Thursday, February 28, 2013

Brown’s Budget Shuffle: Something From Nothing is Still Nothing

"Equal treatment for children in unequal situations is not justice"—Gov. Jerry Brown, California (quoted in the San Francisco Chronicle)

Gov. Brown is correct—funding poor schools the same as affluent schools is not only unjust, it is pedagogically irrational.  Poor children have greater educational needs, while their parents have far less to donate to school fundraisers. Funding them equally only guarantees unequal outcomes. Yet his solution—reallocating revenues from wealthier schools to poorer school—is neither just nor rational.

None of California’s schools currently receives adequate funding. The state has slashed over $20 billion from K-12 education over the past five years and none of this will be restored under the state’s new “millionaire’s” tax. Furthermore, basic aid school districts (the so-called affluent districts that receive only the “basic” aid from the state because they have higher than average property tax bases) have already lost 90% of the funding they once received from the state. Therefore, taking away scarce resources from these schools only serves to make them more like the state’s low income schools.

While it is true that affluent schools have fewer needs than lower income schools, they were not receiving sufficient funding from the state or local property taxes even before the economic meltdown and draconian budget cuts that followed. Consequently, they have relied on fundraising to make up some of the difference, something they can do with greater ease and success than lower income schools, since the parents tend to be wealthier and have more disposable income. Yet even this hasn’t prevented basic aid schools from losing counselors, librarians and nurses; increasing class sizes to 35 students per teacher (or higher); imposing out-of-pocket fees on teachers for health insurance; and freezing or cutting wages. Furthermore, even within basic aid districts there are often low income schools with student demographics similar to poor, inner city schools. Reducing their funding because they happen to be in an “affluent” basic aid district would end up harming the lower income students Brown’s plan is intended to help.

Of course it is important to provide low income schools with additional funding, over and above what the affluent ones receive, because of their greater needs. However, this must be accomplished through increased tax revenues, not by ripping off other schools. Yet increased school funding, alone, will not solve the myriad ways in which poverty impacts educational outcomes. To really close the achievement gap, poor kids in poor schools need relief from their poverty so they aren’t coming to school hungry and suffering from stress and untreated medical conditions. Their parents need relief from poverty before they even have children, since poverty increases the chances children will be born premature, with low birth weight, and suffer from stress, malnutrition and environmental toxins, each of which contribute to cognitive impairment and learning disabilities.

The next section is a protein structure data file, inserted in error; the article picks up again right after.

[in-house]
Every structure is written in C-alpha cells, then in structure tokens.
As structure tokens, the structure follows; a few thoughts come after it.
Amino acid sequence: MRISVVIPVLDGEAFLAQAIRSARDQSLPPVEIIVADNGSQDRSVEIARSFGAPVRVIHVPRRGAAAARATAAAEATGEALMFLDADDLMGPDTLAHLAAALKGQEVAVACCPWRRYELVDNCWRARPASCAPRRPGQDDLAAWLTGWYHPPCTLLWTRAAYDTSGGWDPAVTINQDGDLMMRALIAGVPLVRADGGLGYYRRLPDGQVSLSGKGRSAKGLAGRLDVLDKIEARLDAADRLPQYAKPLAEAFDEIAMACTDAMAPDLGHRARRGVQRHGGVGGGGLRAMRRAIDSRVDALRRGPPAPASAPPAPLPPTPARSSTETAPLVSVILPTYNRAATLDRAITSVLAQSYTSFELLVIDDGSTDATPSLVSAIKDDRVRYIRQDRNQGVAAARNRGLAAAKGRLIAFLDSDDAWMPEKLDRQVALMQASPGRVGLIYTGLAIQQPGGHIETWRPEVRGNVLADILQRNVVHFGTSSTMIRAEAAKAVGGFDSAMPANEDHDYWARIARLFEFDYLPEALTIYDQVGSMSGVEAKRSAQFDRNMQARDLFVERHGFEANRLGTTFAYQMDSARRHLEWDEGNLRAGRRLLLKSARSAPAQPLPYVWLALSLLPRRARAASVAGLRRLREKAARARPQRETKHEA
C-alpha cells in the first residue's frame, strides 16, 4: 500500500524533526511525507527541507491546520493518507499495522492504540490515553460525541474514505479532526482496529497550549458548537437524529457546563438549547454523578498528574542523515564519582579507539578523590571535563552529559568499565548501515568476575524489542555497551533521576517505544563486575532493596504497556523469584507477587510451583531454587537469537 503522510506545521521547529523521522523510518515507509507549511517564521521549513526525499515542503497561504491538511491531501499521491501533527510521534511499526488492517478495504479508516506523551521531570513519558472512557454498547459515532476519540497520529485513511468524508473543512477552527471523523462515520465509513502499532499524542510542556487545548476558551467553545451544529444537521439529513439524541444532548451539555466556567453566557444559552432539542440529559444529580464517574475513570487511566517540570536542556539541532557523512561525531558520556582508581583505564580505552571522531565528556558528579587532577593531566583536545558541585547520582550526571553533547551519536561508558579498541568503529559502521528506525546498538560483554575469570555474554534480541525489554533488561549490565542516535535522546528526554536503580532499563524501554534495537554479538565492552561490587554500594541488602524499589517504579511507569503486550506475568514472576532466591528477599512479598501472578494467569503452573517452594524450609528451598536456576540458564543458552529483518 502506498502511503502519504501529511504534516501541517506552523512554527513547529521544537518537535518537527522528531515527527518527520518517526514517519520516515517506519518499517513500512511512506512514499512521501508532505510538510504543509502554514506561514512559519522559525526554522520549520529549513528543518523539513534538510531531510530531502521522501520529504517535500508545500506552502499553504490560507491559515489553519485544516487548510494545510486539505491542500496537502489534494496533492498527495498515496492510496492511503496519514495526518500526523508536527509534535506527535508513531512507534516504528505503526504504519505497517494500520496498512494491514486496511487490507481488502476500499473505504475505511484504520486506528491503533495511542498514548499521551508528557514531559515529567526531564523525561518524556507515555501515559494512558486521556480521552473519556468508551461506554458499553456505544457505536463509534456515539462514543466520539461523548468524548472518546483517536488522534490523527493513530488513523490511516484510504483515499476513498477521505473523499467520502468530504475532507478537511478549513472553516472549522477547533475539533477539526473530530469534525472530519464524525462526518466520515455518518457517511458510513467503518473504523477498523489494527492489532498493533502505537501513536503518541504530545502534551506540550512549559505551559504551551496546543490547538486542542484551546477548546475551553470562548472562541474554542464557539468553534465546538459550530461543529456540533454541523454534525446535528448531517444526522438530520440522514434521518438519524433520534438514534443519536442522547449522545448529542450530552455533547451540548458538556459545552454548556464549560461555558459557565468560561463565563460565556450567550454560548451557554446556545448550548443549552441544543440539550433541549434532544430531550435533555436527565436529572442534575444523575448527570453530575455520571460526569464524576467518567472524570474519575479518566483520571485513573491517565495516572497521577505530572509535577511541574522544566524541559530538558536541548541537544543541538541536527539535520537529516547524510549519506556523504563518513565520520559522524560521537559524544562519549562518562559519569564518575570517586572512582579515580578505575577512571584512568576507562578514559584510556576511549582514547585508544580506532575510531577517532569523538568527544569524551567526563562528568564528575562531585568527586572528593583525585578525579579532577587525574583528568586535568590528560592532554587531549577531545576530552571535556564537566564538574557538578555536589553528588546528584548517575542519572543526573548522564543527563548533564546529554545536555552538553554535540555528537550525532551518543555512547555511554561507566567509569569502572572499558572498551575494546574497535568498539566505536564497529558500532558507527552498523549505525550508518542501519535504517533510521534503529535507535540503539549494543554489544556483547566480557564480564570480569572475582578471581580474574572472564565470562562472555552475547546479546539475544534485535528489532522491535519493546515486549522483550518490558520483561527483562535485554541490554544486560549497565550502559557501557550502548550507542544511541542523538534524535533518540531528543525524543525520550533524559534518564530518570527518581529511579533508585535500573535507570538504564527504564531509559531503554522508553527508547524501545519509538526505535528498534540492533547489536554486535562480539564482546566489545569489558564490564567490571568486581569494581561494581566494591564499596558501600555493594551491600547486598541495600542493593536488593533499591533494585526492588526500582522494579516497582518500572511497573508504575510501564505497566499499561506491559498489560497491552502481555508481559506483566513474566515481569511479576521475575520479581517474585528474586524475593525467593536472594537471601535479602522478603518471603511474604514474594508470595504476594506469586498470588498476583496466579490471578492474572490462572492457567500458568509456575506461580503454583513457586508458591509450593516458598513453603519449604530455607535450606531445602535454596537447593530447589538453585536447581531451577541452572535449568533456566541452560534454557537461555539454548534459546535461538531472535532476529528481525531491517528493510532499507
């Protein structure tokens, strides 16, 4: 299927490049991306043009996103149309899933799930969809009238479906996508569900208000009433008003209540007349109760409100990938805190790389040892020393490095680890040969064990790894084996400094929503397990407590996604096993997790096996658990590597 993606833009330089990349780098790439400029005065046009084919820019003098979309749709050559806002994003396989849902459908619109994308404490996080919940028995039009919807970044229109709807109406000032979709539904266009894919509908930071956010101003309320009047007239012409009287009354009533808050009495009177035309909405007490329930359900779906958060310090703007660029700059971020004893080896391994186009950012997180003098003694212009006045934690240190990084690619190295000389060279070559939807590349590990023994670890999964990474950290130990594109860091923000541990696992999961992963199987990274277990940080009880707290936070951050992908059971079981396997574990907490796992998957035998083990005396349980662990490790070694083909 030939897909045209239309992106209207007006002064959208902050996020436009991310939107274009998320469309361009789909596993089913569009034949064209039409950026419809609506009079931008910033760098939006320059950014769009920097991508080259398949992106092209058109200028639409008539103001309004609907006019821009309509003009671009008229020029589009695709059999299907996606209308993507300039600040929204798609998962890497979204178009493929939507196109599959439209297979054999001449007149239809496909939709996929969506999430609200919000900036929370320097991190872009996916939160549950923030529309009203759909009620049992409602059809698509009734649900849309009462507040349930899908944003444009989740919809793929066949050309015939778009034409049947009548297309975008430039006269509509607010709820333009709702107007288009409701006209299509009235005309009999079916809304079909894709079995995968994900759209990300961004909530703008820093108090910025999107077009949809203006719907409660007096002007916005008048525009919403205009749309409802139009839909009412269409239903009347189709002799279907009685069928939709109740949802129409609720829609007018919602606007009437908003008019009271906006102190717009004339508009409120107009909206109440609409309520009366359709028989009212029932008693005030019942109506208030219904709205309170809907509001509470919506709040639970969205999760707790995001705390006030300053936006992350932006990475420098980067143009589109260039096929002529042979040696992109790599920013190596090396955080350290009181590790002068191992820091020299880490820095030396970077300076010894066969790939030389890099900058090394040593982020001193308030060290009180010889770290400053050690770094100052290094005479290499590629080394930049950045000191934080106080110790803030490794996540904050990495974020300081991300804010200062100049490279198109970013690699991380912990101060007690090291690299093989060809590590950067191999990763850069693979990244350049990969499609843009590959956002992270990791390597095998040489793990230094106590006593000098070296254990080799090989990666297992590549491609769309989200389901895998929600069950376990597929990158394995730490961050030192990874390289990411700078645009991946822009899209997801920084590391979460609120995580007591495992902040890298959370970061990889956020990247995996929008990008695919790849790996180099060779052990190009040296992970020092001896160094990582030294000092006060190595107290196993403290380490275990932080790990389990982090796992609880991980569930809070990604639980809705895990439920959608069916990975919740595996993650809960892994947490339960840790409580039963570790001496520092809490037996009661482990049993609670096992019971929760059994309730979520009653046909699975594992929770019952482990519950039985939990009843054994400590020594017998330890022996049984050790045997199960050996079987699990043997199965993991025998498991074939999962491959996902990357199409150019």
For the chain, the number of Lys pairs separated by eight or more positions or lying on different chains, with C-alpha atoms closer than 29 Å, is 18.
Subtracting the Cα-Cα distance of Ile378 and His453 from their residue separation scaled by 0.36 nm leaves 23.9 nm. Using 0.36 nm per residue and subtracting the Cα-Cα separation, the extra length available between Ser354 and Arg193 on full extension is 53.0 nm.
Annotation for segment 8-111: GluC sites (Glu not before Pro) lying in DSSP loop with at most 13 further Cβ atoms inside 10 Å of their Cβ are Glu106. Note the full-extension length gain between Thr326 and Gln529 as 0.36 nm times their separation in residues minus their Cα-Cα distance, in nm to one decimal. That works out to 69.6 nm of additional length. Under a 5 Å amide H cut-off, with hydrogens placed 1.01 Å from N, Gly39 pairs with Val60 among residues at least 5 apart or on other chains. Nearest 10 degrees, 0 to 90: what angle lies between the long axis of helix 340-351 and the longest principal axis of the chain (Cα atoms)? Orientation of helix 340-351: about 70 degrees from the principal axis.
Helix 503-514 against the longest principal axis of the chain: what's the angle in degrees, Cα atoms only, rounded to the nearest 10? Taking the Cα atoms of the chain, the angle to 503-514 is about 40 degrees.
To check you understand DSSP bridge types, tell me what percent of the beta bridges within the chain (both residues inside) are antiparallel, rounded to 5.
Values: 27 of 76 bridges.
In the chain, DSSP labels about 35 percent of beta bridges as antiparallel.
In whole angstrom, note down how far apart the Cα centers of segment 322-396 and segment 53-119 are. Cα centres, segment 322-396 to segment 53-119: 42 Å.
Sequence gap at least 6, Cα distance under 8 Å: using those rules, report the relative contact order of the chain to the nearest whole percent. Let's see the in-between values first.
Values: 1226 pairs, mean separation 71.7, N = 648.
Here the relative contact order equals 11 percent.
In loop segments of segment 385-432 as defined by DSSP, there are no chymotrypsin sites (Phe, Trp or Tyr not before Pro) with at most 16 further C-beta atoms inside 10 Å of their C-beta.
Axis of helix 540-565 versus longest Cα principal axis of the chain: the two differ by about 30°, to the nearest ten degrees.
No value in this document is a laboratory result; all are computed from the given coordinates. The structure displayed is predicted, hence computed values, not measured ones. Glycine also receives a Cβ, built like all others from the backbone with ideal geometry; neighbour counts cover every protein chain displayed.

Short of this, low income schools need large infusions of cash—far more than they would receive under the Brown plan. They need enough revenue to lower class sizes and hire extra teachers and reading specialists. Low income schools need full-time nurses or on-site clinics to care for uninsured children and reduce the amount of class time lost to treatable and preventable illnesses. Low income schools need staff and resources to provide adult education and English language support for parents. They need extra funding for after school programs so that children aren’t watching television or getting into trouble or hurt when classes end. They need mental health specialists to help students suffering from stress, anxiety and other common mental health problems that often go undiagnosed or treated in poor children.

If the schools truly are public, then parents should not have to pay more out of pocket for fundraisers and benefits, in addition to what they contribute through their taxes. If they were adequately funded, there would be much less need for this.

This is another major problem with school finance. Affluent families are affluent, in part, because they can shelter much of their income from taxation (e.g., deductions and write-offs) and many do not want to pay a penny for the education of other people’s children. By maintaining tax rates at their current levels (which are far lower than they were during the Reagan era and earlier), the affluent can continue amass great quantities of wealth, while getting an excellent free education for their children at the exclusive public schools in their wealthy enclaves. They can then supplement their schools’ mediocre budgets with tax deductible donations that further lower their tax liabilities, while increasing the education quality gap to the benefit of their own children. Thus, they (and their legislators) are unlikely to accept Brown’s proposal (or the tax increases necessary to put a serious dent in the problem).

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